How to Pull Nomination Papers for Local Elections

Getting Your Name on the Ballot

To have your name appear on the ballot, you must be over 18 years, a registered voter in Pembroke and file nomination papers with the Town Clerk’s office. Nomination papers are made available on January 1st. You must amass 50 signatures from Pembroke registered voters, to be verified by the Board of Registrars. Your signatures must be submitted by the deadline; this date will vary year to year but will be available prior to nomination papers being obtained (MGL 53, Sec7). We recommend gathering more than 50 signatures as a safety measure.


Campaign Finance Filings and Requirements

Once your nomination has been accepted, there are several campaign finance forms that will need to be filled out. All candidates should visit and complete the 5 steps required under “Local Offices”.

All candidates for Town-wide elected office, as well as all those currently serving, must file campaign finance forms with the Town Clerk's office eight (8) days before a local election, thirty (30) days after a local election and a year-end report due January 20th.


Running a Write-In Campaign

If you didn’t file nomination papers in time, there’s always the opportunity to run a write-in or sticker campaign. The guidelines from the Secretary of State’s office can be found at When running any kind of write-in campaign, it's very important to tell your supporters to fill in the oval next to the "write-in" line under the correct office to make sure the optical scanner reads the vote first. At the end of the voting hours, the election workers review every ballot to attribute the write-ins and stickers voted without the ovals but it's best to have the ballot recognized by the voting machine as well.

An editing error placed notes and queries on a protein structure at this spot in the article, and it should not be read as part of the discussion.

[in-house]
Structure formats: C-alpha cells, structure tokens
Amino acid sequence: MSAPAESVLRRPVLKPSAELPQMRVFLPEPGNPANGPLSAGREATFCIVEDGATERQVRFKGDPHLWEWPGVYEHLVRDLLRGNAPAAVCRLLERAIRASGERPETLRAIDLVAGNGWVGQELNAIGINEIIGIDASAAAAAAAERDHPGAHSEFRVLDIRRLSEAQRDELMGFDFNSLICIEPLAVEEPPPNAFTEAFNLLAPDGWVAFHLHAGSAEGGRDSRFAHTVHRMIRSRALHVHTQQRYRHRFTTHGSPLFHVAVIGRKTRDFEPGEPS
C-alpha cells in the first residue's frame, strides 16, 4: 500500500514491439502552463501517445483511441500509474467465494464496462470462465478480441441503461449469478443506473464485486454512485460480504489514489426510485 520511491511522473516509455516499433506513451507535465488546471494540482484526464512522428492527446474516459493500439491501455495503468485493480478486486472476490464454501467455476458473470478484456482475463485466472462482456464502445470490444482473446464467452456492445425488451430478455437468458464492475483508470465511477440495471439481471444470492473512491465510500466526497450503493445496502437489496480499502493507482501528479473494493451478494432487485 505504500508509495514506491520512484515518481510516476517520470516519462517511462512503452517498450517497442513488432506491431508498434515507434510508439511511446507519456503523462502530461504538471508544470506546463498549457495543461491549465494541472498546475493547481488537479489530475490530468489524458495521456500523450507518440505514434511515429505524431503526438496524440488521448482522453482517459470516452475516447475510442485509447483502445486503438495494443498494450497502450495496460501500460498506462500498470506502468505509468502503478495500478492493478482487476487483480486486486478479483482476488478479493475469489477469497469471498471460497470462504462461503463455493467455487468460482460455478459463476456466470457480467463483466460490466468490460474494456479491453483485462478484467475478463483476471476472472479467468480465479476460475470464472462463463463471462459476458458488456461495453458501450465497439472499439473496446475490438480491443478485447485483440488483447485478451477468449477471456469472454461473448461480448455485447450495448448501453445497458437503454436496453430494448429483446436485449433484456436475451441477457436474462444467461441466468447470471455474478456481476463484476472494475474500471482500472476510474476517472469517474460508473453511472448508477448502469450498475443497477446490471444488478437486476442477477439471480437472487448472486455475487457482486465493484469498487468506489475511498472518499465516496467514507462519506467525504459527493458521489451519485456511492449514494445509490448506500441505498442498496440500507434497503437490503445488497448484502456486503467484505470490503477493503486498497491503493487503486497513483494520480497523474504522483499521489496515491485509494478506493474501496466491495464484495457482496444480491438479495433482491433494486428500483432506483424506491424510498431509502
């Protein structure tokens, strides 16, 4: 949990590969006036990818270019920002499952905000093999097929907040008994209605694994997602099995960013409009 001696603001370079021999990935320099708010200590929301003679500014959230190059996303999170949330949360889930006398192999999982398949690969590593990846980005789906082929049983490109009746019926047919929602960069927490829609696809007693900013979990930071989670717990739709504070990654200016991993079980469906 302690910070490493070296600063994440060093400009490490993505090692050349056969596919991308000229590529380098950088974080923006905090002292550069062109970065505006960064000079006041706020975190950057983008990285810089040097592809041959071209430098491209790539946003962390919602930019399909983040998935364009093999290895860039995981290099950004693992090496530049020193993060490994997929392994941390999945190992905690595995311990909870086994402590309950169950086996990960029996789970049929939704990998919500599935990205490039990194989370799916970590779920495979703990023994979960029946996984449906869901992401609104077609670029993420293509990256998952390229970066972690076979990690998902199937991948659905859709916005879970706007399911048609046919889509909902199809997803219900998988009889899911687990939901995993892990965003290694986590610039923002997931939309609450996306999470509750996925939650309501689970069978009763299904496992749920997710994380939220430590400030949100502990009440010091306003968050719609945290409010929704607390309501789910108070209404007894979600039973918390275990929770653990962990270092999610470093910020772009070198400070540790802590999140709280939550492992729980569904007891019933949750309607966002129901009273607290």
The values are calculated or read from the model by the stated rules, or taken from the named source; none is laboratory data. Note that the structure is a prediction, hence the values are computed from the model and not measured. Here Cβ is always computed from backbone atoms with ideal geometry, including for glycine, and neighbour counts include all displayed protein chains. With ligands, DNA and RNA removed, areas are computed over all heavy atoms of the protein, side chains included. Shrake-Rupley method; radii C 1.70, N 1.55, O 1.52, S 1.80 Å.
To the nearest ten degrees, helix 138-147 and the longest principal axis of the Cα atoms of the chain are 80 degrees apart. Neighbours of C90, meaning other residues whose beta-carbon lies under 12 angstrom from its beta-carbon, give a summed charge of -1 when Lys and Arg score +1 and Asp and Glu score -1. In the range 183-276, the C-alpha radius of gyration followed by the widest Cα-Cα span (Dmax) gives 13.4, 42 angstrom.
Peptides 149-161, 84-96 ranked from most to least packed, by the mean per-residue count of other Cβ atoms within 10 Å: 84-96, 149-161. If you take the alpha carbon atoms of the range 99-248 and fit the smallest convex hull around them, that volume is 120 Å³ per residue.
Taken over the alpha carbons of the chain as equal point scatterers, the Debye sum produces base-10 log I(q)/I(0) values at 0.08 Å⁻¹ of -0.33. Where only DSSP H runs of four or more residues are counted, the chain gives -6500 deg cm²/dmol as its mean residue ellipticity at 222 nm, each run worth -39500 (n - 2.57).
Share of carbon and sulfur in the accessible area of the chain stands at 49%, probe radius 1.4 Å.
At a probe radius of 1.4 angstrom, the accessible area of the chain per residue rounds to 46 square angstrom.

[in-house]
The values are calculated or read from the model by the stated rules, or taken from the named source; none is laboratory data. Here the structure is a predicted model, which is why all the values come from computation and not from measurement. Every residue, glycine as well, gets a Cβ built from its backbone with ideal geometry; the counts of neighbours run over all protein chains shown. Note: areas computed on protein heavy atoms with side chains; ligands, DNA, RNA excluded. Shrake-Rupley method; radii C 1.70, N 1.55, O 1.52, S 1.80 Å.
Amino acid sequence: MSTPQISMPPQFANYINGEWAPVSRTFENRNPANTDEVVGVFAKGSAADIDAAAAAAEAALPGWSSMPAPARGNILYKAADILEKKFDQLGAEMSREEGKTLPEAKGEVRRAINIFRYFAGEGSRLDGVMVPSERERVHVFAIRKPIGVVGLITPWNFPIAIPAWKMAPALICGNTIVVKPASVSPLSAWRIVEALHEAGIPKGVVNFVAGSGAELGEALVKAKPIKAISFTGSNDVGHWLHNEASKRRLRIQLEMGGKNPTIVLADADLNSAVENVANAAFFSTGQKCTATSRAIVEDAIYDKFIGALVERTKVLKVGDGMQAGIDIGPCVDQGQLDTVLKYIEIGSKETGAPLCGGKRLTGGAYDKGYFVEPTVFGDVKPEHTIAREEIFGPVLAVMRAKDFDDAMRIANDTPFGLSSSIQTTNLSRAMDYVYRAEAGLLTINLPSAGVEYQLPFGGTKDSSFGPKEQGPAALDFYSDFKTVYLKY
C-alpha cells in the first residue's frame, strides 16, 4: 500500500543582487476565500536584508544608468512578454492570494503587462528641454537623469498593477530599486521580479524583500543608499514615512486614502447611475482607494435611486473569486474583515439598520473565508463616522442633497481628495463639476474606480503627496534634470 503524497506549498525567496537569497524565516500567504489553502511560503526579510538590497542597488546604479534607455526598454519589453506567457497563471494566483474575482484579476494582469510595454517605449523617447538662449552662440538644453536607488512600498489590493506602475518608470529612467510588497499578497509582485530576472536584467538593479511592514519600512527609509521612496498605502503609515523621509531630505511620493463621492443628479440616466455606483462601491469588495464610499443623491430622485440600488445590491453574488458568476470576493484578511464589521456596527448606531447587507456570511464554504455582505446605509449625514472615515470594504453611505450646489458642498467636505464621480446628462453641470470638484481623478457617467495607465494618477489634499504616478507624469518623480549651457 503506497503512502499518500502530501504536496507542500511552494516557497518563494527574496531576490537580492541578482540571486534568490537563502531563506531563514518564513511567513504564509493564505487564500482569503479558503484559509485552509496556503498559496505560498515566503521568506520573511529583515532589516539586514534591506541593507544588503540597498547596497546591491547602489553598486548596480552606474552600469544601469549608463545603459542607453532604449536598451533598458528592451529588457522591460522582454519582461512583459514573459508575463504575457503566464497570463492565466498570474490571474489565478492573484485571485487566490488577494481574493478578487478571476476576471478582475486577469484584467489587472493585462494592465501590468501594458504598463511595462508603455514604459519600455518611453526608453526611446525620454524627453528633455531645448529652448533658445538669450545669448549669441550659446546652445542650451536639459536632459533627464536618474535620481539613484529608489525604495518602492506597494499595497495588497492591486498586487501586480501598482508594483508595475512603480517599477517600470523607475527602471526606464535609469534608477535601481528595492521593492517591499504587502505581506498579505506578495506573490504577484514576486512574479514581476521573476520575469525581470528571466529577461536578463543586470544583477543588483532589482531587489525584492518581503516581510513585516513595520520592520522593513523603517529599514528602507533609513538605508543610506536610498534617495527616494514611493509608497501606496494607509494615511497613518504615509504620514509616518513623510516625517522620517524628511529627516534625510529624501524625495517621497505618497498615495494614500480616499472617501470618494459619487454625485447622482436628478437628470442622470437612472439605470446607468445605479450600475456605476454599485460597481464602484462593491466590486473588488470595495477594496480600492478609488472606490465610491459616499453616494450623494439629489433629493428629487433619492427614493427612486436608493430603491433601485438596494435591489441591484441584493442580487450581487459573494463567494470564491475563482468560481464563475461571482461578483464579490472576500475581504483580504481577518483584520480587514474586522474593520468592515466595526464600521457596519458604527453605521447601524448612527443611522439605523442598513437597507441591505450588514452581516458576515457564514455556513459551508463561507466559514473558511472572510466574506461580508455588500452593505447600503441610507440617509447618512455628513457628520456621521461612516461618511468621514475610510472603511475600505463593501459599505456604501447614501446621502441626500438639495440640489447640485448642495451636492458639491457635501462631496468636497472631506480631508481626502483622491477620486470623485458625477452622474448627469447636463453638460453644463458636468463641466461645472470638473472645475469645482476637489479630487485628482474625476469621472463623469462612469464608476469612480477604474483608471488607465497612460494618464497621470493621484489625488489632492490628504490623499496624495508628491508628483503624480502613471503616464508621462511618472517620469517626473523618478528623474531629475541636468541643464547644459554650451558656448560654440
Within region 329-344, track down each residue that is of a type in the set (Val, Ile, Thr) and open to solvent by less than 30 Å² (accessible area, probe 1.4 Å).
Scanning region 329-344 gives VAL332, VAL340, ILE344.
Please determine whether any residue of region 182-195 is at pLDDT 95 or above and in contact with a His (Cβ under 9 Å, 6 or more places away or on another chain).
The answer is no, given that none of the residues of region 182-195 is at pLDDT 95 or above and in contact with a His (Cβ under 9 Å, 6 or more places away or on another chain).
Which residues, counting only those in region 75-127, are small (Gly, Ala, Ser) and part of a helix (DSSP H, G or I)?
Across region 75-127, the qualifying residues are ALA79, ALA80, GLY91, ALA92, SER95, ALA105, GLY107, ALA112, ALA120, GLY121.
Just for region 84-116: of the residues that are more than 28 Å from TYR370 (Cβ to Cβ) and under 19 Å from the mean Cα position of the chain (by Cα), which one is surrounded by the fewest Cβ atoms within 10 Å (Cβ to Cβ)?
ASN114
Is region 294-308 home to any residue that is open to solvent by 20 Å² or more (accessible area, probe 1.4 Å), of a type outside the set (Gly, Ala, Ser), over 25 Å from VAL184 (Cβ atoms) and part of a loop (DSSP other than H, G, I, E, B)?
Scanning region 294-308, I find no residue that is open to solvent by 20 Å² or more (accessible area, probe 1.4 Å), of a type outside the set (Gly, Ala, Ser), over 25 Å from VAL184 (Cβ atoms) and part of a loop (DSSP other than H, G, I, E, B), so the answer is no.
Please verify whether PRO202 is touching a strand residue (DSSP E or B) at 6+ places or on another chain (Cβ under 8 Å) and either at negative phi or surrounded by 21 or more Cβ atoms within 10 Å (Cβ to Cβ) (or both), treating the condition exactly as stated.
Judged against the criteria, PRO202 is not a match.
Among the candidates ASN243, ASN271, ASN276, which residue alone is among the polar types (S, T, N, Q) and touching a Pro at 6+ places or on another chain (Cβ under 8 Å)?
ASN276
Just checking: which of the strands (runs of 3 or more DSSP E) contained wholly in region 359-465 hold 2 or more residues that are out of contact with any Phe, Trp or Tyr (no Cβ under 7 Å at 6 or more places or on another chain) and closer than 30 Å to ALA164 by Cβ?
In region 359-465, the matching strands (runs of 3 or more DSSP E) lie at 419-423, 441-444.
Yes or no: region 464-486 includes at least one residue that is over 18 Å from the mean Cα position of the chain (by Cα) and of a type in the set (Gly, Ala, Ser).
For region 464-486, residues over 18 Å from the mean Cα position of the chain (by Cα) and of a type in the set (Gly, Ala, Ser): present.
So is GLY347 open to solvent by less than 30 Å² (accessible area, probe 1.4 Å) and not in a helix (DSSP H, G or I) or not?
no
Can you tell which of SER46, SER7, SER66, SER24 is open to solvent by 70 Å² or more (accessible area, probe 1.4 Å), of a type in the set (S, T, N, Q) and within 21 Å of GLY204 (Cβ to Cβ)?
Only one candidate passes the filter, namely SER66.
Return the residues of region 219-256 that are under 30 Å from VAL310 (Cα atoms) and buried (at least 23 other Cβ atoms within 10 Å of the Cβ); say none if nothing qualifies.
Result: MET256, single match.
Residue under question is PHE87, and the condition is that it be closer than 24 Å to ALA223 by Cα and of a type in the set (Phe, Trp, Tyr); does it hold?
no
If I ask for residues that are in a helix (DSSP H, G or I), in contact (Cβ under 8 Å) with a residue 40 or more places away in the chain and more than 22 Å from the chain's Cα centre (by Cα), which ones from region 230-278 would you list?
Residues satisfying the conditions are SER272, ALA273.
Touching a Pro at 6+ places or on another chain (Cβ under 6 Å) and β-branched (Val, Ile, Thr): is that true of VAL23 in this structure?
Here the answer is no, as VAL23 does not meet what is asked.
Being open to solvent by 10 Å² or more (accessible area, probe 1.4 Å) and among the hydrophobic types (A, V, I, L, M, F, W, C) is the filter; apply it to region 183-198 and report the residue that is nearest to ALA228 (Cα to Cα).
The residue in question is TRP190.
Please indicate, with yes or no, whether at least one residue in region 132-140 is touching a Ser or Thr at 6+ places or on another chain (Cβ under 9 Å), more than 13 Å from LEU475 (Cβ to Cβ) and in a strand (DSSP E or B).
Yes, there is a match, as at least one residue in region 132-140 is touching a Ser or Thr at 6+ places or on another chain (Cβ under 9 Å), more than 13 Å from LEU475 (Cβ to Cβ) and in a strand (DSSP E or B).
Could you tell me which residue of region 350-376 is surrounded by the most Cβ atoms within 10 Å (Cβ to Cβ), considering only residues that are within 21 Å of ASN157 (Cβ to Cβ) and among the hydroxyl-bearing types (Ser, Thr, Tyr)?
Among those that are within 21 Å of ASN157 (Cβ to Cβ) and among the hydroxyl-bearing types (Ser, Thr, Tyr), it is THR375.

Requesting Voters Lists

The Clerk’s office has lists of voter lists of previous federal, state and local elections. If you or your campaign would like a list of voters, please email

Campaign Activity

  • No state, county, city or town employee employed for compensation, other than an elected official, may directly or indirectly solicit or receive any contribution or anything of value for any political purpose.
  • Public employees may not be treasurers of political committees.
  • If a person is both a public employee and an elected official, the prohibitions against soliciting or receiving political contributions would still apply to him or her.
  • No person may solicit or receive campaign contributions in a building occupied for any state, county or municipal purpose.
  • No person in the public service may be compelled to make a political contribution or to render any political service, and no public official or employee may be prejudiced in his or her employment for failure to make a political contribution or be rewarded for making a political contribution.
  • A political committee may not solicit or receive a contribution on behalf of a candidate who is public employee if the contributor has an interest in any particular matter in which the employee participates or which is the subject of his or her official responsibility.
  • No public resource may be expended or utilized in order to promote or oppose the nomination or election of any candidate to public office or to promote or oppose any ballot question placed before the voters. Examples of public resources include: paid staff time of public employees, office equipment, vehicles, buildings and supplies.
  • On Election Day, certain electioneering activities are prohibited within 150 feet of the entrance to a polling place (MGL Ch. 54, Section 65).